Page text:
Pregnancy Style: What to wear when you’re hiding the baby bump

In the first or second trimester and don’t want to let others know you’re expecting just yet? Here are some ideas on what to wear if you’re hiding the baby bump!

When to tell people you’re pregnant is obviously a personal preference; I always waited until after my 12/13 week scan (except for this third pregnancy, I felt compelled to tell my boss why I couldn’t work due to terrible morning sickness). Some people wait until 19/20 weeks as it’s traditionally considered the “safest” point (ie less likely for anything happening to baby after this period). If you’re lucky you may not even be showing at this point – I had someone tell me they didn’t “pop” until the 6 month mark!

This being my third pregnancy I started noticing physical changes to my body at around 8 weeks, and I was already sporting a little bump by around 10-11 weeks. (Also, being petite, the bump starts to show a little earlier – for my previous 2 pregnancies I was showing at the 14/15 week mark.) I wasn’t ready to let anyone outside of my immediate family know that I was pregnant – I hadn’t even had my first ultrasound – but if I had continued wearing some of my clothes from my pre-pregnancy wardrobe there definitely would have been some comments regarding the bump.

Work outfits became a little more challenging – while I was pretty much living in leggings every other day of the week, my work wardrobe mainly consisted of button up shirts, tailored blouses and belted pants, skirts and skinny jeans. With the changes happening early I found it hard to button up some of my shirts across the bust; the tailored blouses became a little too tight; and I couldn’t even do up my bottoms as my waist had already thickened by around 9 weeks.

If you’re hiding baby bump until you’re ready to pop the news to everyone, here’s some ideas on what you could wear to conceal the bun in the oven until then.

Leggings

Not just your run of the mill Kmart leggings though – you want them to be made of a thick fabric and constructed well, so that they look like slim-fitting pants. Here I’m wearing a pair of leggings by Life With Bird (bought second hand). They’re a thicker fabric than your standard leggings and when worn with a blouse untucked over the top could easily be considered as a pair of pants. I would suggest sizing up so they could be worn throughout the pregnancy and post-partum – you could always fold down the waistband and wear it below the bump with a nice flowy blouse over the waistband.

Examples: Isabella Oliver | Theory | Sanctuary

Blouses and shirts designed to be oversized

I’m not talking about shirts that are obviously 1-2 sizes bigger than your normal size, as these can look a little schleppy. I’m talking about shirts that are constructed and meant to be worn oversized, for example this Cecilie Copenhagen top that I’m wearing. It’s one size, but could fit anyone from AUS size 6 to a small 12, and looks good on anyone within this size range. I also have a COS button up blouse that’s a size small but could easily be worn by a size 12, it’s that oversized – this was perfect to wear for work when my baby bump started popping, and it looked the same as when I had worn it when I wasn’t pregnant.

Examples: Cecilie Copenhagen | ASOS | ASOS

Boho blouses/tops

Boho-style blouses and tops tend to be much more flowy and relaxed, and details like ruffles can help hide the baby bump. I don’t own a lot of boho items, but this red top I wore from this post is boho inspired and is an oversized style so is great to hide the bump. Details like embroidery also help distract and detract the eye on other parts of the body away from the bump. (See also this post for a boho-inspired jacket.)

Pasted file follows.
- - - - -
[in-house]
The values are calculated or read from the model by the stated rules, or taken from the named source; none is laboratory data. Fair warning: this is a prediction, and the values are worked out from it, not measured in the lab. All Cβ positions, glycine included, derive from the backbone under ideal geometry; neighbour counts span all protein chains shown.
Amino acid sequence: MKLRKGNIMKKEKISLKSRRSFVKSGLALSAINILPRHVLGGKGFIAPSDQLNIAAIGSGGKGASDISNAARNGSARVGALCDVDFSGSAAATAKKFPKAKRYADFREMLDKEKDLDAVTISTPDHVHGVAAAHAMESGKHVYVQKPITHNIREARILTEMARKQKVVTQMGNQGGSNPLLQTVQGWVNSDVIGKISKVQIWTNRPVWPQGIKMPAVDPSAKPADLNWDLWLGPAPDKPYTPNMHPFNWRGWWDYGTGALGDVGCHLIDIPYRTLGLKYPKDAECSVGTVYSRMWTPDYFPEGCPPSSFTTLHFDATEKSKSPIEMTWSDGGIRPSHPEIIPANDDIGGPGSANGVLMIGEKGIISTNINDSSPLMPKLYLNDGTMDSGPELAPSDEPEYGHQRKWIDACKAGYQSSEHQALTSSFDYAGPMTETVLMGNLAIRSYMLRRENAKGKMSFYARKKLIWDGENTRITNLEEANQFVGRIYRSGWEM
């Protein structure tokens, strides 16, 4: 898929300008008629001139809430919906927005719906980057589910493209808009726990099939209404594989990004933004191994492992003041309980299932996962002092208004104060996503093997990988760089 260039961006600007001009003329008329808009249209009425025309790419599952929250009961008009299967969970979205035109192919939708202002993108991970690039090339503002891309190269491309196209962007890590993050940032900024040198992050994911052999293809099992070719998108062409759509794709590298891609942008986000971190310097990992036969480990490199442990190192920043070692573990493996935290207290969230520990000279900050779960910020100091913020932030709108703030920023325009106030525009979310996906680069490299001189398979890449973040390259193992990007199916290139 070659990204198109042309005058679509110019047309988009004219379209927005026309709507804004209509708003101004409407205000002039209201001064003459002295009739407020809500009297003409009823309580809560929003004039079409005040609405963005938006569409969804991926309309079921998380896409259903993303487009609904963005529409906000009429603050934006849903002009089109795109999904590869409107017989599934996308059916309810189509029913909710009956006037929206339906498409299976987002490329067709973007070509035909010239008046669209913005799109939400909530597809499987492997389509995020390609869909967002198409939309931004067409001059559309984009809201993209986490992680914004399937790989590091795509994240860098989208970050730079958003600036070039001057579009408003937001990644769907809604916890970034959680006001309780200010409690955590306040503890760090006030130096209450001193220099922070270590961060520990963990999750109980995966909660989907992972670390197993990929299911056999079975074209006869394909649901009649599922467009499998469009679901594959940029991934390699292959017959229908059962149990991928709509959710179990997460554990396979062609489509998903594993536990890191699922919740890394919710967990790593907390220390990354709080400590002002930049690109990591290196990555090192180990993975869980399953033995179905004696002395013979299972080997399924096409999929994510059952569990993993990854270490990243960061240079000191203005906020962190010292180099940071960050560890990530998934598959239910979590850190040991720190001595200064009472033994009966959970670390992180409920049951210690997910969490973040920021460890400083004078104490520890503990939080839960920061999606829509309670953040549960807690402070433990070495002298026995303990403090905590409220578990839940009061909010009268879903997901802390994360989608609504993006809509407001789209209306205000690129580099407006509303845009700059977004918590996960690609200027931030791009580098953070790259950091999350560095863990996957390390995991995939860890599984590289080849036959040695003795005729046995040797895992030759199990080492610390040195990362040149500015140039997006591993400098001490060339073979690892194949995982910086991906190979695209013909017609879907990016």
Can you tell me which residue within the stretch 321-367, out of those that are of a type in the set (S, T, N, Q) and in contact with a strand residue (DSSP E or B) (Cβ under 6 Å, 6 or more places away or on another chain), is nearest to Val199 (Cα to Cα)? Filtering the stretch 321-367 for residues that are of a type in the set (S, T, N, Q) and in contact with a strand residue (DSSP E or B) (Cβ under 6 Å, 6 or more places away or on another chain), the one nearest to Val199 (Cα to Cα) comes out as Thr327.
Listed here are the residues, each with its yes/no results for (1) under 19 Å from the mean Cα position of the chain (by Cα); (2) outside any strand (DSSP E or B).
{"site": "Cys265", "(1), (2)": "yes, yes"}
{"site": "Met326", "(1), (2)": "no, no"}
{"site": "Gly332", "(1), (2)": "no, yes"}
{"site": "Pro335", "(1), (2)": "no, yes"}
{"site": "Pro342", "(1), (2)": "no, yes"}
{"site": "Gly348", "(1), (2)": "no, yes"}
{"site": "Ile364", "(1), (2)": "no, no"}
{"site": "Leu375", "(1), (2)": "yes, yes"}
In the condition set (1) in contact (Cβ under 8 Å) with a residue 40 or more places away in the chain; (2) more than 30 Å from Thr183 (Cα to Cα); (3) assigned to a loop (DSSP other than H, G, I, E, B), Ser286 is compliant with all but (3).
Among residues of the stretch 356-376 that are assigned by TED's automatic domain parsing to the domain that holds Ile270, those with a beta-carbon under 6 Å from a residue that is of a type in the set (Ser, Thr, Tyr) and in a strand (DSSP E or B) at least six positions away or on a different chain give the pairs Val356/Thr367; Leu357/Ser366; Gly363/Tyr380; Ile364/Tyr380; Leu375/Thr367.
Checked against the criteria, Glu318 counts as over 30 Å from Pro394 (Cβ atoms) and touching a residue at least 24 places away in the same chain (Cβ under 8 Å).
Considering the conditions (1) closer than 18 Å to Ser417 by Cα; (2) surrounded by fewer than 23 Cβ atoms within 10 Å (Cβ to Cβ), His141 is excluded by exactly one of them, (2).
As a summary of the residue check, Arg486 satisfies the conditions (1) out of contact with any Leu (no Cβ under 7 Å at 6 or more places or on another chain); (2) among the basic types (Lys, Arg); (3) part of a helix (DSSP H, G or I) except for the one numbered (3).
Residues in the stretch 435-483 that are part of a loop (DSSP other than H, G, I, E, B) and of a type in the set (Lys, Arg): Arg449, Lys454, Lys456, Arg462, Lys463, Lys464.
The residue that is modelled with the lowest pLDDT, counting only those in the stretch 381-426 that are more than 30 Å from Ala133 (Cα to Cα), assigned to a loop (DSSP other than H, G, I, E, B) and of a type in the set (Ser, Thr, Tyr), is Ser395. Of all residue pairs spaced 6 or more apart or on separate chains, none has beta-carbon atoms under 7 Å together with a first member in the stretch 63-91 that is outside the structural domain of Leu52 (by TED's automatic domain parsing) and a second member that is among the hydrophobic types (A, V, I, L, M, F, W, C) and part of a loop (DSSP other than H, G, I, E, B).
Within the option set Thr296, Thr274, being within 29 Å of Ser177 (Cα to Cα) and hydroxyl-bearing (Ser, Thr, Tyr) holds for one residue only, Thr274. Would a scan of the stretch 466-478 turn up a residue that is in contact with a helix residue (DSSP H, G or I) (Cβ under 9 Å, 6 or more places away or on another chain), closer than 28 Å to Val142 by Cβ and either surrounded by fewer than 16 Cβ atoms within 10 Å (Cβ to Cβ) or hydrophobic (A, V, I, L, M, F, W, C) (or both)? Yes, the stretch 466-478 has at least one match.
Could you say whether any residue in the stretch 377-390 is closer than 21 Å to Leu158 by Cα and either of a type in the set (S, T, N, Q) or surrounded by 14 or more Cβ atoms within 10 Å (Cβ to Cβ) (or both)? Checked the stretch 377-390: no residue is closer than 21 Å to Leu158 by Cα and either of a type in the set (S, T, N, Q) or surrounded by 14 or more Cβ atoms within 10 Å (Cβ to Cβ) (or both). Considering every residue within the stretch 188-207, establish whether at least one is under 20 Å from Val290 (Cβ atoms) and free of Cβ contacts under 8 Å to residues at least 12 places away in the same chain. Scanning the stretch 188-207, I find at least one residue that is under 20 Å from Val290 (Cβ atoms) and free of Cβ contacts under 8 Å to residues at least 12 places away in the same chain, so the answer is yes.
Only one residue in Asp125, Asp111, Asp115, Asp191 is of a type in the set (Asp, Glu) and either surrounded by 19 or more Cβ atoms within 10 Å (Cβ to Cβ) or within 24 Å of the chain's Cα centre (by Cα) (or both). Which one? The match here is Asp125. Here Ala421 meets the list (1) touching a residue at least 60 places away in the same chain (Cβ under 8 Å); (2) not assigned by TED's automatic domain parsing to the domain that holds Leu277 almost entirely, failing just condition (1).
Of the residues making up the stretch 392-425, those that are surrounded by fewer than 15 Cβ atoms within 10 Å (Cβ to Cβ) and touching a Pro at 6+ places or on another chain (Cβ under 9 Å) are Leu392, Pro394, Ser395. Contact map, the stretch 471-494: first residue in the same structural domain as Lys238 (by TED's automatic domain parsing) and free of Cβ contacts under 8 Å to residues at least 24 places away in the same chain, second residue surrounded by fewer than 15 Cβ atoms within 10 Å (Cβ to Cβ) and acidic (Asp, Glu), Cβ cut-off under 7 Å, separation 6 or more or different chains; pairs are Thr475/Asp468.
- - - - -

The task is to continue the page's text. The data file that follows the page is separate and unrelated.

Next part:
Examples: Jag | Zadig and Voltaire | Topshop

Wrap/faux wrap tops and dresses

The wrap detail across the waist can hide baby bumps. This dress I wore in this post (when I was already starting to show!) is a faux wrap dress and the ruching from the wrapping helped to hide the burgeoning bump. Wrap dresses and tops are also perfect during and after pregnancy as they easily accommodate changes to the body (and are GREAT for breastfeeding).

Examples: Willow and Clay | Maison Scotch | Auguste | Backstage

Think fabric

Fabric like jersey or an elastane blend will cling and show off curves; for the first semester and early parts of the second semester, while you can still get away with wearing it, slightly more structured fabric like chambray skims the body and doesn’t show off any bumps. This is great for shift dresses and boxy style tops.

Examples: Soft Joie | Rails | Ann Taylor

Wearing: Cecilie Copenhagen top | Life with Bird leggings | Witchery loafers

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3 Comments

  • These are good tips! I was impressed with how far I could hide my bump with my first son – I made full use of all the options in my wardrobe, like you pointed out things that skim rather than cling work perfectly! 🙂 I was desperate to keep it hidden in the office until 24 weeks, and just about made that.

    This last time around it was a little harder, I was doing frocktober and aware that eventually I’d quickly run out of bump-hiding dresses! It was nice not having to go to such extremes to hide it for longer, but I’m also a little curious how far I could have kept it hidden if I had been able to use my entire wardrobe like I did with my first. We told our family much earlier, as morning sickness and a toddler to look after meant I needed a lot of help!

    • Wow you did well to hide it to 24 weeks! Hubby thinks I could probably get away with telling everyone it’s a little extra weight, but like you I needed to explain the morning sickness for extra help 😀 I’m incredibly thankful to whoever it was that invented elastic – a lot of my stuff doesn’t fit so well anymore!

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